Loading please wait

The smart way to improve grades

Comprehensive & curriculum aligned

Try an activity or get started for free

Understand Coronary Heart Disease

Worksheet Overview

Coronary heart disease (CHD) is one of the major causes of death in the UK.

CHD is caused by fatty material building up inside the arteries supplying the heart. Over time, this reduces the blood flow through the arteries, resulting in the heart muscles becoming deprived of oxygen. The heart needs glucose and oxygen to respire. Through respiration, energy is released which is used to contract the heart muscle, allowing blood to be pumped around the body. Without glucose and oxygen, heart cells might eventually die, possibly leading to a heart attack. 


Image of the coronary artery in the heart


There are many possible factors that can lead to CHD, such as a poor diet that is high in 'bad' fat, stress and smoking which increases blood pressure. Often, certain lifestyle changes can be made in order to lower the risk of getting CHD.

For someone with CHD, there are several forms of treatment available. Let's look at this further below.




Image of medicine



Statins are a group of medicines that work to lower the level of cholesterol in your blood. Too much cholesterol in your blood can lead to fatty deposits building up in your arteries.



Taking statins is a relatively easy way to lower cholesterol.



Statins can lead to unwanted side effects such as headaches, muscular pain and nausea.

Statins have to be taken on a long-term basis.



A stent is a small mesh tube that is used to widen arteries that are narrowed, blocked or weakened. The collapsed stent is put into the artery with a balloon inside it. The balloon is then inflated and the stent increases in size so that the blood flow through the artery is increased. 


image of heart disease and stent




The success rate is high.

Stents lower the risk of a heart attack.

They last for a long time.



There can be complications like bleeding, irregular heartbeat or infection.

Arteries sometimes reclose.

Drugs need to be taken to stop the blood from clotting.


Coronary artery bypass

Coronary artery bypass is a surgical procedure that can be used to treat CHD.  Often, the procedures mentioned above would be tried first before resorting to bypass surgery.


Image of bypass surgery



In a coronary artery bypass, blood is diverted around the blocked arteries, so the rest of the heart gets a good supply of oxygen. Often, a blood vessel from another part of the body is attached near to the blocked artery supplying the heart. Having a bypass might reduce the chances of having a heart attack. 



The improvement of symptoms such as chest pain or breathlessness.



There is a risk of complications during surgery.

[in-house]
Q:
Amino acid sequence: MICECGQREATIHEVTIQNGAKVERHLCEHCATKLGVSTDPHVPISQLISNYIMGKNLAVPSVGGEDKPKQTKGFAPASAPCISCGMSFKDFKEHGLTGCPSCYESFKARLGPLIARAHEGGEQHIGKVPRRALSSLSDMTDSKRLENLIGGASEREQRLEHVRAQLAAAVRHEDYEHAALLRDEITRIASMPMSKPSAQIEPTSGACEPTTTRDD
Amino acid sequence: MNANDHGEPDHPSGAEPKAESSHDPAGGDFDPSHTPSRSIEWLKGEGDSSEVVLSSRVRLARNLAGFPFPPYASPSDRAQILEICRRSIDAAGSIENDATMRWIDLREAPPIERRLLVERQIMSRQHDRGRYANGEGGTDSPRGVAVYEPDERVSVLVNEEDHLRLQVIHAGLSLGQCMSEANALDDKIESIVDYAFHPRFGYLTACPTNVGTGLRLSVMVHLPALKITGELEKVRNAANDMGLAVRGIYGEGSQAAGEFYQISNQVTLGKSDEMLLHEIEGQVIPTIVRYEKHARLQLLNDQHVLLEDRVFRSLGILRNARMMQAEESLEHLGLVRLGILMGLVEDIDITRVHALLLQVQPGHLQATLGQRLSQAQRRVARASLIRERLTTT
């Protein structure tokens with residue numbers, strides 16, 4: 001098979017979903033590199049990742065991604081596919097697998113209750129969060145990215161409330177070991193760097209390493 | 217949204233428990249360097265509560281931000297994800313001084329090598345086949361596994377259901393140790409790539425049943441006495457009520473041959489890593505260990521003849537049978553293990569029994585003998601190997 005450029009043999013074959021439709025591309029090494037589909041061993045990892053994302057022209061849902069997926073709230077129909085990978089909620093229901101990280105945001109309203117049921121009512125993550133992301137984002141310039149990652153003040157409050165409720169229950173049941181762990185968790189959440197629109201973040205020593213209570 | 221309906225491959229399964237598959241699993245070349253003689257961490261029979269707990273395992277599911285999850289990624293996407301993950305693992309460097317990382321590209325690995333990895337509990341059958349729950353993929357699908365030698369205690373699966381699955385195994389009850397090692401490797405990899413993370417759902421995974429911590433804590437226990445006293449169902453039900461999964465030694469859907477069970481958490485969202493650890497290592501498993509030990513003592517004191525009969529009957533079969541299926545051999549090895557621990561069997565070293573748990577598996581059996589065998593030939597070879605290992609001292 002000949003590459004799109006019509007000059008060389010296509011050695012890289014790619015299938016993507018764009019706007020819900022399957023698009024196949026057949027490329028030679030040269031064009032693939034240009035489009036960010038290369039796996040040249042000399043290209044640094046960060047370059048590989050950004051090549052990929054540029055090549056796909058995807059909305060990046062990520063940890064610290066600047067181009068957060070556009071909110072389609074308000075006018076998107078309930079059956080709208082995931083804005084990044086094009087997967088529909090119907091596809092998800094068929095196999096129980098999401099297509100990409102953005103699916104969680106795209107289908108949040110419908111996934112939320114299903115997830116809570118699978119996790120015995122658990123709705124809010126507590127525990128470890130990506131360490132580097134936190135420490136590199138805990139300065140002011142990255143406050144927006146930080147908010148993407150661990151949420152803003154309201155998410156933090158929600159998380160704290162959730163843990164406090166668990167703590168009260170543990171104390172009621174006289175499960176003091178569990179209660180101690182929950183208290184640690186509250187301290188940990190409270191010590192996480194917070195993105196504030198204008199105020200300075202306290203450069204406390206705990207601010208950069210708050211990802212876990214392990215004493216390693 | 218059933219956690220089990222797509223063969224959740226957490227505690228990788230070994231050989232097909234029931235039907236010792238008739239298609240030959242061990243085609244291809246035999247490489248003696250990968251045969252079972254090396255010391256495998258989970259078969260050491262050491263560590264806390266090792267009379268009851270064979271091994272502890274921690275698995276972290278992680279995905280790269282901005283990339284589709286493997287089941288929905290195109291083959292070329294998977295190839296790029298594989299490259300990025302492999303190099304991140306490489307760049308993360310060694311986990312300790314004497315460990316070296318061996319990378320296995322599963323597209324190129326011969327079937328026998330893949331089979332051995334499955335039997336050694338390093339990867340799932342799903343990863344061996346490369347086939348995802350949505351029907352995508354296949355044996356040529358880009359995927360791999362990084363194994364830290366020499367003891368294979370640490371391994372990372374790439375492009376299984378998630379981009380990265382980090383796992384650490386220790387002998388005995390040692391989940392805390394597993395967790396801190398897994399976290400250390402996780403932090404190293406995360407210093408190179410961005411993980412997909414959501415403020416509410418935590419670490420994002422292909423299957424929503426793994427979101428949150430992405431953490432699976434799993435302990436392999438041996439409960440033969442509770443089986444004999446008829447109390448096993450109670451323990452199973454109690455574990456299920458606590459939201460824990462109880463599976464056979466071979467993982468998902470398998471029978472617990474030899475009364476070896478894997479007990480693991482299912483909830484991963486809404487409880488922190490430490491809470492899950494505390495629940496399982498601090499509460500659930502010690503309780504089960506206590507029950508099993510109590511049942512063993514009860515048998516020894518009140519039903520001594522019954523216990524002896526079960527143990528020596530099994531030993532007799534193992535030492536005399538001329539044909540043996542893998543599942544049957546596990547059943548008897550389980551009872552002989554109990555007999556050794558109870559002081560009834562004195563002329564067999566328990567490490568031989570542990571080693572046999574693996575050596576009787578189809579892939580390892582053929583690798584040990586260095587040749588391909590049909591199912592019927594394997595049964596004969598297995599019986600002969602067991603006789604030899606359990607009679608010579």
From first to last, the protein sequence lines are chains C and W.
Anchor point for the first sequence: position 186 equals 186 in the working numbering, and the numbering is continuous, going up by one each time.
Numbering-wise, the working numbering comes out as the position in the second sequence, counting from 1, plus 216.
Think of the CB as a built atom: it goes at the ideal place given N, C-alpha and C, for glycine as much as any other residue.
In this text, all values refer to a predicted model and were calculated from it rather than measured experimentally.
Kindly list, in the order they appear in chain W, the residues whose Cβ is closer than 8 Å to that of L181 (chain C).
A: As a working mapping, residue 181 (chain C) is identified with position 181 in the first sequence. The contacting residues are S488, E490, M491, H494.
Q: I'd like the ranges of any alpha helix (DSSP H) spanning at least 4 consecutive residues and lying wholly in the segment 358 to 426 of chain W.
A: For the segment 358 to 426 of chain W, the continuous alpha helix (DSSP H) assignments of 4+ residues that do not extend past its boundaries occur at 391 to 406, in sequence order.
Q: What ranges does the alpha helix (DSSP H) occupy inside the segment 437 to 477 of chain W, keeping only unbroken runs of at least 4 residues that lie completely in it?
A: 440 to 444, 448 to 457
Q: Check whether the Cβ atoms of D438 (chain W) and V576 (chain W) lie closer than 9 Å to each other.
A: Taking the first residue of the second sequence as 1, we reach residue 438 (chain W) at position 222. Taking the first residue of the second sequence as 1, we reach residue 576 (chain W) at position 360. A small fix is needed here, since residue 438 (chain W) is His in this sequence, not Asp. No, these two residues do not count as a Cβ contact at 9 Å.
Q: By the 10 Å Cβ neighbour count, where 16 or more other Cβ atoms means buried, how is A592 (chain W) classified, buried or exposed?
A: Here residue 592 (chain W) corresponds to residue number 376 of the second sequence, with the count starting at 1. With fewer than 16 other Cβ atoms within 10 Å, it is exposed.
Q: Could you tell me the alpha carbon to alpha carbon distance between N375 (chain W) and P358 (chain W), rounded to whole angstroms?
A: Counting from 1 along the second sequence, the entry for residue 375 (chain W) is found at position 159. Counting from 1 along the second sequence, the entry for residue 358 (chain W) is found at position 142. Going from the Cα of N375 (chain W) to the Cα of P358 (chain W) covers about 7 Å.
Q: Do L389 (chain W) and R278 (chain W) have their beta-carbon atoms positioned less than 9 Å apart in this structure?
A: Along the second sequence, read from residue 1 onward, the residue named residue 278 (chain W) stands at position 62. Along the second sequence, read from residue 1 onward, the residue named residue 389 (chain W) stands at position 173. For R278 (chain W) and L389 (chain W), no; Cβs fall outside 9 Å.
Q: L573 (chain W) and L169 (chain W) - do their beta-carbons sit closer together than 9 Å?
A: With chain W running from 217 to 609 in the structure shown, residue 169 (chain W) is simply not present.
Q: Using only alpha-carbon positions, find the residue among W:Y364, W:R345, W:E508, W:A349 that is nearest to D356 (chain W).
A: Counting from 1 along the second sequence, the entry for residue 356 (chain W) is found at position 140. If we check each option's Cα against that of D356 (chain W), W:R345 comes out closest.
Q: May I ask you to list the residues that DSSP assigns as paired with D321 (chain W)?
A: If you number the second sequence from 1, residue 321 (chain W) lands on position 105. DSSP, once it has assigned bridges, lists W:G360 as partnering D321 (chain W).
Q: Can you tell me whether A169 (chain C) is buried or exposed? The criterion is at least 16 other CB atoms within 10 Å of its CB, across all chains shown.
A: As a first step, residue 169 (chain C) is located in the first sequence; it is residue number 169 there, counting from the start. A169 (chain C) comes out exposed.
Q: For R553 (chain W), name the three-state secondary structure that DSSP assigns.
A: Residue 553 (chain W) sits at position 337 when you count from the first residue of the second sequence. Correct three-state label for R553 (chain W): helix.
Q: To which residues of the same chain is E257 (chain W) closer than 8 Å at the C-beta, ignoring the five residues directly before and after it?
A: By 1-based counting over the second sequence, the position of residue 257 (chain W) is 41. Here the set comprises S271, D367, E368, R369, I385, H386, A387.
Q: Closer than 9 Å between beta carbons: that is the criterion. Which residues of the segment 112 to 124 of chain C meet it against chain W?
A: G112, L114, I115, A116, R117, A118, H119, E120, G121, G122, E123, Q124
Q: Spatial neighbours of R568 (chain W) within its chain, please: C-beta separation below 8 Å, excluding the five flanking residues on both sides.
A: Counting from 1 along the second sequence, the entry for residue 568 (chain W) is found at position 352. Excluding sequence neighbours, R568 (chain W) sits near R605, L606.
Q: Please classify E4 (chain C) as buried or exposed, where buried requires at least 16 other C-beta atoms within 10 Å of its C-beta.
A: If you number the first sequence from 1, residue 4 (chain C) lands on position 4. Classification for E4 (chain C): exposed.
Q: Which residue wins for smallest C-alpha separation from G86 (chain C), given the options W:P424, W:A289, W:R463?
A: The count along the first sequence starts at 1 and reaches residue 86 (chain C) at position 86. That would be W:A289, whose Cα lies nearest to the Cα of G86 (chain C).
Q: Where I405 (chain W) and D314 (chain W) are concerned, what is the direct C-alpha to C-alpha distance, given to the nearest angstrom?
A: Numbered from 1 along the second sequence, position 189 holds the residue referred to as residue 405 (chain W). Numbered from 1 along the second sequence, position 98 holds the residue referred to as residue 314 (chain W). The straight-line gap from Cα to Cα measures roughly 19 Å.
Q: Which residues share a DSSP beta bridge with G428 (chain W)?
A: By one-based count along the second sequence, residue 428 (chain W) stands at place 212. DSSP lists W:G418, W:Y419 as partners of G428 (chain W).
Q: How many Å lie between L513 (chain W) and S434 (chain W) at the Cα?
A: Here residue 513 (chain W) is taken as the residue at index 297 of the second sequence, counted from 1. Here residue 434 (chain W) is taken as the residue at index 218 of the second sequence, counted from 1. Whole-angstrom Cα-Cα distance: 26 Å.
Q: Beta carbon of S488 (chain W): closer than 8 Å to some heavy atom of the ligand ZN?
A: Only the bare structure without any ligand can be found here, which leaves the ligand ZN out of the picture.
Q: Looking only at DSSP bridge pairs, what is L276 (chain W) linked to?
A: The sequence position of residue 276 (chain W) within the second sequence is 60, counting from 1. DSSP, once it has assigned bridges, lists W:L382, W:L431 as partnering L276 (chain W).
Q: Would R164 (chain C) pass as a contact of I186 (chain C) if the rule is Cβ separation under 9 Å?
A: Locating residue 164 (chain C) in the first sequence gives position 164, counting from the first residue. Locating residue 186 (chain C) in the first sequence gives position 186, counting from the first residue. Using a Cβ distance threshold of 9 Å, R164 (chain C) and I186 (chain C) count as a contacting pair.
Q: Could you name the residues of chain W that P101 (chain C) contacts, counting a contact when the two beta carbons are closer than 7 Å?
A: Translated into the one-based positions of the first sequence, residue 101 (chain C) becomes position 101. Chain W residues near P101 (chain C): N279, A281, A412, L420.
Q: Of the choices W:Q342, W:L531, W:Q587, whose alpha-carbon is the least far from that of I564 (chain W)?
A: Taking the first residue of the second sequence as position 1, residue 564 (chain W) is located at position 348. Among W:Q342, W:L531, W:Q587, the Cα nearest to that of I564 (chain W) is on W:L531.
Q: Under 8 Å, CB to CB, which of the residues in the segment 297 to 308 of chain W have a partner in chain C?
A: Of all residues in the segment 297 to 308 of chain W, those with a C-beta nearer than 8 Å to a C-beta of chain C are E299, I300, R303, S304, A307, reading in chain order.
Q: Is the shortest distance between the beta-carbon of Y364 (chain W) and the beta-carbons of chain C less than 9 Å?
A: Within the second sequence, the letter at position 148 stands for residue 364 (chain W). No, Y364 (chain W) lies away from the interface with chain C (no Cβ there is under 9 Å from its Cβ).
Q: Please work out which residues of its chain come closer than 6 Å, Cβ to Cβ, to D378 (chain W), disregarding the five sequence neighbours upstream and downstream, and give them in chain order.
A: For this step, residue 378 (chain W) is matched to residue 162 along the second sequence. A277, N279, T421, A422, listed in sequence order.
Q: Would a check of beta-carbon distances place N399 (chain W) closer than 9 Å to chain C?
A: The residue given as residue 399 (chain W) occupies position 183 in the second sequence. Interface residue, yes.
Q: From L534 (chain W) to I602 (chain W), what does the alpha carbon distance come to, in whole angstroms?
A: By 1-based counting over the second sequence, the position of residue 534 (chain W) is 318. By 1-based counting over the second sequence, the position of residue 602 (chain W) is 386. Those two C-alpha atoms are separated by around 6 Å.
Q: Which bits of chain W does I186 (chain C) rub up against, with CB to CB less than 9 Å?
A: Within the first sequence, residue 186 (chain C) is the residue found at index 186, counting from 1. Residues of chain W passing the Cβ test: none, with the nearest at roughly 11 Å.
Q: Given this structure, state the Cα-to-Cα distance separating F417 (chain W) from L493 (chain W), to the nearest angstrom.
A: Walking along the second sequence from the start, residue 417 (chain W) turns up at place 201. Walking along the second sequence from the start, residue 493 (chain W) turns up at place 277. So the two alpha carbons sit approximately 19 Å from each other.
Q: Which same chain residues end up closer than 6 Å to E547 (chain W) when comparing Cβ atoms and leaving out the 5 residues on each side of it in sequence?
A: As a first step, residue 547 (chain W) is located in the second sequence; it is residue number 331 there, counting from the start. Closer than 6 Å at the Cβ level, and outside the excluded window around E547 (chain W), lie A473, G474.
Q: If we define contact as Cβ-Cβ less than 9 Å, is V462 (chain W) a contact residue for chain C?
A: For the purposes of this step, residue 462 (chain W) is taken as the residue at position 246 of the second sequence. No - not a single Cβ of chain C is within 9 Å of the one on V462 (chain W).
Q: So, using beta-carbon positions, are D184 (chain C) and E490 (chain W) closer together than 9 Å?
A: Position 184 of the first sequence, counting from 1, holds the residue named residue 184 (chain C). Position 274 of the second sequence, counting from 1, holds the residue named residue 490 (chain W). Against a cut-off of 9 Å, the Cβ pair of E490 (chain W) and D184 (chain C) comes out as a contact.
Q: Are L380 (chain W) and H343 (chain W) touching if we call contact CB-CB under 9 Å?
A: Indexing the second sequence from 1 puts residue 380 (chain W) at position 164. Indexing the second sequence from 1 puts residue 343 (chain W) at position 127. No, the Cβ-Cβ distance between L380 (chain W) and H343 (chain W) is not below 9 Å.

Heart Valve Disease 

Veins have valves to stop the blood flowing in the wrong direction, so that the blood flows in the correct direction in the heart. If the valve doesn't close properly, blood will move back into the heart. This can put great strain on the heart as it then has to work harder to pump the much-needed blood around the body. Sufferers may feel unusually tired and constantly out of breath.


Image of veins



Some people might be born with heart valve disease, while others might have it as a side effect of a heart attack. The faulty valves can be replaced with mechanical valves made from man-made material such as metal, or biological valves which are made from human or animal tissue.



The success rate is high - they can prolong patients' lives.

The new valve can last up to 20 years.



It might be necessary to have blood thinners to stop clotting.

There is always a risk of serious complications with surgery.


Heart failure

Heart failure is a serious condition that tends to get worse over time and can lead to death. It's often the result of many different problems affecting the heart, like those mentioned above. The heart often becomes very weak and can no longer pump blood around the body. In these cases, a donor heart can be transplanted. This means that a healthy heart from a person who's recently died will replace the patient's damaged heart.

 Artificial hearts have been used temporarily to keep people alive while they wait for a heart transplant. The artificial heart is not living, so needs a power source - early power sources were so large that the patient had to stay in hospital.  New advances mean that the patient can now use a portable power supply and can go home.



The artificial heart is not rejected by the body.

It keeps the patient alive while waiting for a transplant.



Surgery can lead to bleeding and infection.

Blood does not flow as easily and can lead to clots, so blood thinners need to be taken.

Parts of the heart can wear out or stop working.


In the following activity, you will describe coronary heart disease and how it can be treated.

What is EdPlace?

We're your National Curriculum aligned online education content provider helping each child succeed in English, maths and science from year 1 to GCSE. With an EdPlace account you’ll be able to track and measure progress, helping each child achieve their best. We build confidence and attainment by personalising each child’s learning at a level that suits them.

Get started

Try an activity or get started for free

  • National Tutoring Awards 2023 Shortlisted / Parents
    National Tutoring Awards 2023 Shortlisted
  • Private-Tutoring-WINNER-EducationInvestor-Awards / Parents
    Winner - Private Tutoring
  • Bett Awards Finalist / Parents
  • Winner - Best for Home Learning / Parents
    Winner - Best for Home Learning / Parents